House Republicans who support sending aid to Ukraine are scrambling to find a way to move it through Congress as a compromise on funding Kyiv while overhauling U.S. border policy appears increasingly likely to fail.
“There’s a bunch of us advocating for military aid because that’s what they really need,” Rep. Don Bacon, R-Neb., told Fox News Digital Tuesday. “All the rebuilding stuff, let’s talk about that later. They need weapons.”
Several GOP lawmakers have suggested that a standalone Ukraine aid bill that’s solely focused on weapons and defensive funding, less than the roughly $60 billion that President Biden has requested, could get enough bipartisan support to pass the House and Senate.
Biden’s Ukraine request is part of a $118 billion supplemental security funding deal cobbled together by Senate and White House negotiators. The bill includes border policy reforms and aid for Israel and Taiwan.
But Ukraine funding, an issue that’s faced a growing number of GOP skeptics in Congress, appears to be in danger of falling by the wayside because that bipartisan Senate deal sits “on life support,” as Speaker Mike Johnson, R-La., put it during a Tuesday morning press conference.
The deal has been hemorrhaging GOP support since the text was released on Sunday evening, with even its lead negotiators expressing doubt it would pass.
Meanwhile, House Republicans have tried twice now to pass standalone aid for Israel, citing its war against Hamas.
“If the Ukrainians don’t have the weapons that they need to defend themselves, then it’s going to be a conquering from Russia,” Rep. Austin Scott, R-Ga., told Fox News Digital. “It’s not OK. It’s not in the best interest of the United States.
“The majority of us in the House and the majority in the Senate, I believe, want the Ukrainians to have the weapons that they need to defend themselves. And I think you will continue to see those of us who want them to have the weapons to defend themselves continue to push for them.”
Rep. Mike Garcia, R-Calif., criticized the supplemental aid bill as overbroad and called for a narrower, targeted Ukraine bill that also addresses the concerns Republicans have regarding corruption and accountability over aid dollars.
“I’ve been very clear with the White House what questions they need to answer in order to get support for Ukraine funding,” Garcia said.
“Anything that starts with a ’B’ in terms of funding, if it’s not an appropriations package, outside of the normal cycle, should be an à la carte, independent conversation,” he added, referring to billions of dollars in funding.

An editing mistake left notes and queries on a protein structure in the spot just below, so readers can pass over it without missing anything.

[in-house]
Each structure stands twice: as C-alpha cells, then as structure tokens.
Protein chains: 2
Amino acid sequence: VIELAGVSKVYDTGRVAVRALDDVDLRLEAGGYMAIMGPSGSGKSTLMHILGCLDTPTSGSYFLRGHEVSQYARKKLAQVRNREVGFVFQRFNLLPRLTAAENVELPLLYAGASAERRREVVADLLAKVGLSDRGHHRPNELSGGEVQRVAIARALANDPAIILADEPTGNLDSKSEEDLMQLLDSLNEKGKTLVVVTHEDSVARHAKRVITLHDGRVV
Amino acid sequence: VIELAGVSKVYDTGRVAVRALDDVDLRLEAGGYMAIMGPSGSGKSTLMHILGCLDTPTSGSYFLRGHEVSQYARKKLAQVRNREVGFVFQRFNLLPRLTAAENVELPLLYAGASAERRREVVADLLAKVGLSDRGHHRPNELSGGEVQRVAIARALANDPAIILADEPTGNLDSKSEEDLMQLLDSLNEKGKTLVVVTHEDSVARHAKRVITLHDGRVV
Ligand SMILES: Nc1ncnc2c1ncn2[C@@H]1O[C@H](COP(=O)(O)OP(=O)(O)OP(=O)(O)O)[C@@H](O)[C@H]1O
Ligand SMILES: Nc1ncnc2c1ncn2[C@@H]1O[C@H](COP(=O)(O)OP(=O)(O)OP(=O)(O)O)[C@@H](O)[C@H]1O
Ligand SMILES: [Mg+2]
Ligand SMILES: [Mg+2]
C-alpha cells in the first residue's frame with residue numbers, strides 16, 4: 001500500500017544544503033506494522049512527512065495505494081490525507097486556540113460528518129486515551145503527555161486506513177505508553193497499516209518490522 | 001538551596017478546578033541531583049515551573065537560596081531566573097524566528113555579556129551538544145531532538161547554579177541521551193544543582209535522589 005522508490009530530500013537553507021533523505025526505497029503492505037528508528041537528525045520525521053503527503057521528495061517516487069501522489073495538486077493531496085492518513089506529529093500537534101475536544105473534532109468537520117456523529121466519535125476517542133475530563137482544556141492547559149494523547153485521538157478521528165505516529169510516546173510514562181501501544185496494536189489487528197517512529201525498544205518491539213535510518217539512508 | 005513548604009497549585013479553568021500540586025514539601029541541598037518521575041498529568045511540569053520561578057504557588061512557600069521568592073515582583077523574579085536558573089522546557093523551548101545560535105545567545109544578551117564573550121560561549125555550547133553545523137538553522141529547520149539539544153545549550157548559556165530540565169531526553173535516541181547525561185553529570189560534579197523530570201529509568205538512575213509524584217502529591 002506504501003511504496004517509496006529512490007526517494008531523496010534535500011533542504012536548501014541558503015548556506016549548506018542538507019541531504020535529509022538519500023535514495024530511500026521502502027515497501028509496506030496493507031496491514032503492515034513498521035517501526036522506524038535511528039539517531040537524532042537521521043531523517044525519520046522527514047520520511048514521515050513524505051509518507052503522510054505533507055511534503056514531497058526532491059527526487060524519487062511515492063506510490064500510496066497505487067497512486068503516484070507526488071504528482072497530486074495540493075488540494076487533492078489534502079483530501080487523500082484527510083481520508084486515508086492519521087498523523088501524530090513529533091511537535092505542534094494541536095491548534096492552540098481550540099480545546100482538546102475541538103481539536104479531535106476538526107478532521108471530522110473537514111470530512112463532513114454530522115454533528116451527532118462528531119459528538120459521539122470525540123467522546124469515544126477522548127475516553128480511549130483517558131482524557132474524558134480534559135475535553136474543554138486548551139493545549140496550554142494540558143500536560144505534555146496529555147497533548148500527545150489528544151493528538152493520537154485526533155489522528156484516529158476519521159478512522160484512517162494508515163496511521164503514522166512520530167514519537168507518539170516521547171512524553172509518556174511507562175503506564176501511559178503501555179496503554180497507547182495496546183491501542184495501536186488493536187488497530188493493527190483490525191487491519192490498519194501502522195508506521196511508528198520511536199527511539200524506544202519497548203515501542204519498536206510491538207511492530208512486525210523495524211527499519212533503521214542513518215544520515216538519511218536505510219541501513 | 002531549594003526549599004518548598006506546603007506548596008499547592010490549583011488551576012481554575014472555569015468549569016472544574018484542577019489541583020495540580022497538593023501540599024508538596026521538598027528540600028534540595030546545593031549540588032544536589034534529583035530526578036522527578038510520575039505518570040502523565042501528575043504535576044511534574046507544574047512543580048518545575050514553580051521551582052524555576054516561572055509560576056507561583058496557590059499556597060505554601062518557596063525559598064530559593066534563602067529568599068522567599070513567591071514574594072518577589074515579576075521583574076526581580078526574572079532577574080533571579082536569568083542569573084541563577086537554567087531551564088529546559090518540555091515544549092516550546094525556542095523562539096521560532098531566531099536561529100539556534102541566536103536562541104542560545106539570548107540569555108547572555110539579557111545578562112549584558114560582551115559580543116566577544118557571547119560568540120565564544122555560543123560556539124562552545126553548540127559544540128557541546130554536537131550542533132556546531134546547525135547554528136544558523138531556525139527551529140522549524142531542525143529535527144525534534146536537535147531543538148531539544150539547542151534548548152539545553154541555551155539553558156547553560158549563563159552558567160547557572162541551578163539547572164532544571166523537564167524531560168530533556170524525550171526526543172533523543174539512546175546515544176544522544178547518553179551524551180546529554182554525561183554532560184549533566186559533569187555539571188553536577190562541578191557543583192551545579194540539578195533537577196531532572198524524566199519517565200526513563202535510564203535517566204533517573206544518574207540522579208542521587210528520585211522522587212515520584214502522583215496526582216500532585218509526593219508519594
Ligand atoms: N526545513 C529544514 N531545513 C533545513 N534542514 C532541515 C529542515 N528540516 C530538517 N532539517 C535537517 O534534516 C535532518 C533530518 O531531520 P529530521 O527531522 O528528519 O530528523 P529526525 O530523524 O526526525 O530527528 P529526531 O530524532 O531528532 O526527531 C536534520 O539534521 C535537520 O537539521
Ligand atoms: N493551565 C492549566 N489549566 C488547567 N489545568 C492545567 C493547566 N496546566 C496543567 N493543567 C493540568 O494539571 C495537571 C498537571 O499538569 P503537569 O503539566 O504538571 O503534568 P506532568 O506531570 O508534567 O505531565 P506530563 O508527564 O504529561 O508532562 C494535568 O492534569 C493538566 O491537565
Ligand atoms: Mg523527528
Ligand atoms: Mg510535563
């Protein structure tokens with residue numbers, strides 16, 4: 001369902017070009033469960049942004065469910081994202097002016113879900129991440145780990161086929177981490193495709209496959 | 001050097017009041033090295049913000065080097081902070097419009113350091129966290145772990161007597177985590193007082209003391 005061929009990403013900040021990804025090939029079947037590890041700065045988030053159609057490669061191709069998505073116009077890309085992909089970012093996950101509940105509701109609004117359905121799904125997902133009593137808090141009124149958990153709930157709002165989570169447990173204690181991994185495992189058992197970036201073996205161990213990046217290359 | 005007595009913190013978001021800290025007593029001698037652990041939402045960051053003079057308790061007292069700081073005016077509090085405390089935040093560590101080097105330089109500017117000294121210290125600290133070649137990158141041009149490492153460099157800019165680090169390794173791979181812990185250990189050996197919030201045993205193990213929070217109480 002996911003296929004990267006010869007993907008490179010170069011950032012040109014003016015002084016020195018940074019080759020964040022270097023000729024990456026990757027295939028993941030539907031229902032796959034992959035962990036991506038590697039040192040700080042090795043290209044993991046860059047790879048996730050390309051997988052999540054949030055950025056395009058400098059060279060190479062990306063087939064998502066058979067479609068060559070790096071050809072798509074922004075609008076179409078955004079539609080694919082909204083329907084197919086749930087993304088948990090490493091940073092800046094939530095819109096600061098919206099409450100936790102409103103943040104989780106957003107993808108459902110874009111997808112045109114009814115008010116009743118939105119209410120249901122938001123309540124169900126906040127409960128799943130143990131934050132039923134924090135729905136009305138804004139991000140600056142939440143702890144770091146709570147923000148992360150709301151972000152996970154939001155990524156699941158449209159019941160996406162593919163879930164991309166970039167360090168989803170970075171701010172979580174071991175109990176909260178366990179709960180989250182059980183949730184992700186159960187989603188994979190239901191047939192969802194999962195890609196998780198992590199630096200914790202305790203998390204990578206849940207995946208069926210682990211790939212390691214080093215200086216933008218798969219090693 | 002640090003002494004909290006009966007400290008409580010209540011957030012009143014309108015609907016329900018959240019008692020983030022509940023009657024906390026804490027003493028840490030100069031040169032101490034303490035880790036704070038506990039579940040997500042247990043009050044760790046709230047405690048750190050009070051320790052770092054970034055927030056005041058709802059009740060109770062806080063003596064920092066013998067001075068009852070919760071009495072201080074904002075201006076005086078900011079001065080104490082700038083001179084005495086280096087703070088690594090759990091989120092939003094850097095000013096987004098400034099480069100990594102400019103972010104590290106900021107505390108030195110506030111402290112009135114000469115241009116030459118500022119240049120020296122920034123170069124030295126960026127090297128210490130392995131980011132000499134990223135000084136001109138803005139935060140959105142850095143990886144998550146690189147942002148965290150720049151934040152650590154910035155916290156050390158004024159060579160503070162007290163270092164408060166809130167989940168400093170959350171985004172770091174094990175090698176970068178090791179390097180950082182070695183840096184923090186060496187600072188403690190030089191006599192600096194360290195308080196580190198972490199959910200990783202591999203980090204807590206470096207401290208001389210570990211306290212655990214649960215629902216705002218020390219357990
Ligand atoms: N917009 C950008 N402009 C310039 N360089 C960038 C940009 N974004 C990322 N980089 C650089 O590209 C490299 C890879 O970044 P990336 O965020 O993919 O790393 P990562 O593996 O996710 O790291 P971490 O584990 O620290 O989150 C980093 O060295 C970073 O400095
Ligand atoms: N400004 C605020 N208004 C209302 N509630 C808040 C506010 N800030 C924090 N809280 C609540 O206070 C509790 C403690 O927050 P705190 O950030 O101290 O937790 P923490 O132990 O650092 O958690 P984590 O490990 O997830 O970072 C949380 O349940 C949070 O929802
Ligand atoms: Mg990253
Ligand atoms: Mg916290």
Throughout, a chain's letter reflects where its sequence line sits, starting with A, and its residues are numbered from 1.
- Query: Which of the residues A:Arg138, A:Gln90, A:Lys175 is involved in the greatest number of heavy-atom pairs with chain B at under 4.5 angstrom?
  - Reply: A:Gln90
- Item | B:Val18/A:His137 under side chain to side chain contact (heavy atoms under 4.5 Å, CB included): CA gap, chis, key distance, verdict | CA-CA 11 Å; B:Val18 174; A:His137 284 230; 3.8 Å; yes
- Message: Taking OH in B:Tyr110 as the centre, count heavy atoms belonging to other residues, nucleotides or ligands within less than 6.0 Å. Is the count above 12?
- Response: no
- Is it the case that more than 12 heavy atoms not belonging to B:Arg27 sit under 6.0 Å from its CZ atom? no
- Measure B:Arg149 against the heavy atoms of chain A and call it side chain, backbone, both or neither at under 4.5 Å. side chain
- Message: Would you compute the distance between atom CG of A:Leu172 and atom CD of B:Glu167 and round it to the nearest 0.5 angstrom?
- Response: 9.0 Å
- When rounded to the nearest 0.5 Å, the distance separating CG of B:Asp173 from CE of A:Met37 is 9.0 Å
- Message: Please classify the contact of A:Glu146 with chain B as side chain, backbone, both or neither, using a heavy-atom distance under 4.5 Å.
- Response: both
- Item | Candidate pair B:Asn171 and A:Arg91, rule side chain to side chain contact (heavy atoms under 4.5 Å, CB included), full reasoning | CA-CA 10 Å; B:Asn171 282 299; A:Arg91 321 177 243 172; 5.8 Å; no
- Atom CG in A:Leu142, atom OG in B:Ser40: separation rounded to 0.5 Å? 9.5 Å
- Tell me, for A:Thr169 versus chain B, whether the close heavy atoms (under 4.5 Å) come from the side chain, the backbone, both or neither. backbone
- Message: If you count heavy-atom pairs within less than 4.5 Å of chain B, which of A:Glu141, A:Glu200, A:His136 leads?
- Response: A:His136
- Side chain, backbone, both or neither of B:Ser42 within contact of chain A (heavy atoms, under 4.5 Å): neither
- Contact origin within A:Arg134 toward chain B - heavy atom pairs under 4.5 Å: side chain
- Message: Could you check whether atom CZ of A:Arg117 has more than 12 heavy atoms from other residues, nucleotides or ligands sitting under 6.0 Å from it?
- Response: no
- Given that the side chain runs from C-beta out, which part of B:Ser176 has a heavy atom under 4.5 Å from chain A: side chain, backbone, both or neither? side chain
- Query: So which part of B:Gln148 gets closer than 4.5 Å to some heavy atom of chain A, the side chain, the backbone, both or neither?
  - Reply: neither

Foreign Affairs Committee Chairman Michael McCaul, R-Texas, argued that failing to help Ukraine could have repercussions elsewhere.
“Following the disastrous withdrawal from Afghanistan, a U.S. decision to abandon Ukraine will make America less safe, convey weakness to our enemies and make U.S. partners doubt our commitment,” McCaul said. “Moreover, supplemental funding is critical to reviving the U.S. defense industrial base so we are better prepared to deter our greatest adversaries like China, Russia and Iran.”
Rep. Andy Harris, R-Md., a member of the ultra-conservative House Freedom Caucus who has been sympathetic to Ukraine, suggested he could get behind a standalone, narrow aid bill.
“Congress meets all year. There’s no need to have a $60 billion package,” Harris said. “The European Union package is a slightly smaller package spread out over five years. So, I don’t know why we would not just bite off a smaller piece of military-only aid and move forward with that.”
The speaker said Ukraine was still a priority for the House when pressed about it earlier Tuesday but did not give any details on what kind of aid package he’d entertain.
“That’s not been abandoned, but there’s a lot more work that needs to be done with regard to what the answers are that the White House needs to provide us,” Johnson said. “End game strategy, accountability for the funding — all of these very specific details that the House is required to consider when we make such heavy decisions.”
The U.S. has directed roughly $75 billion toward Ukraine since Russia launched its invasion in 2022.
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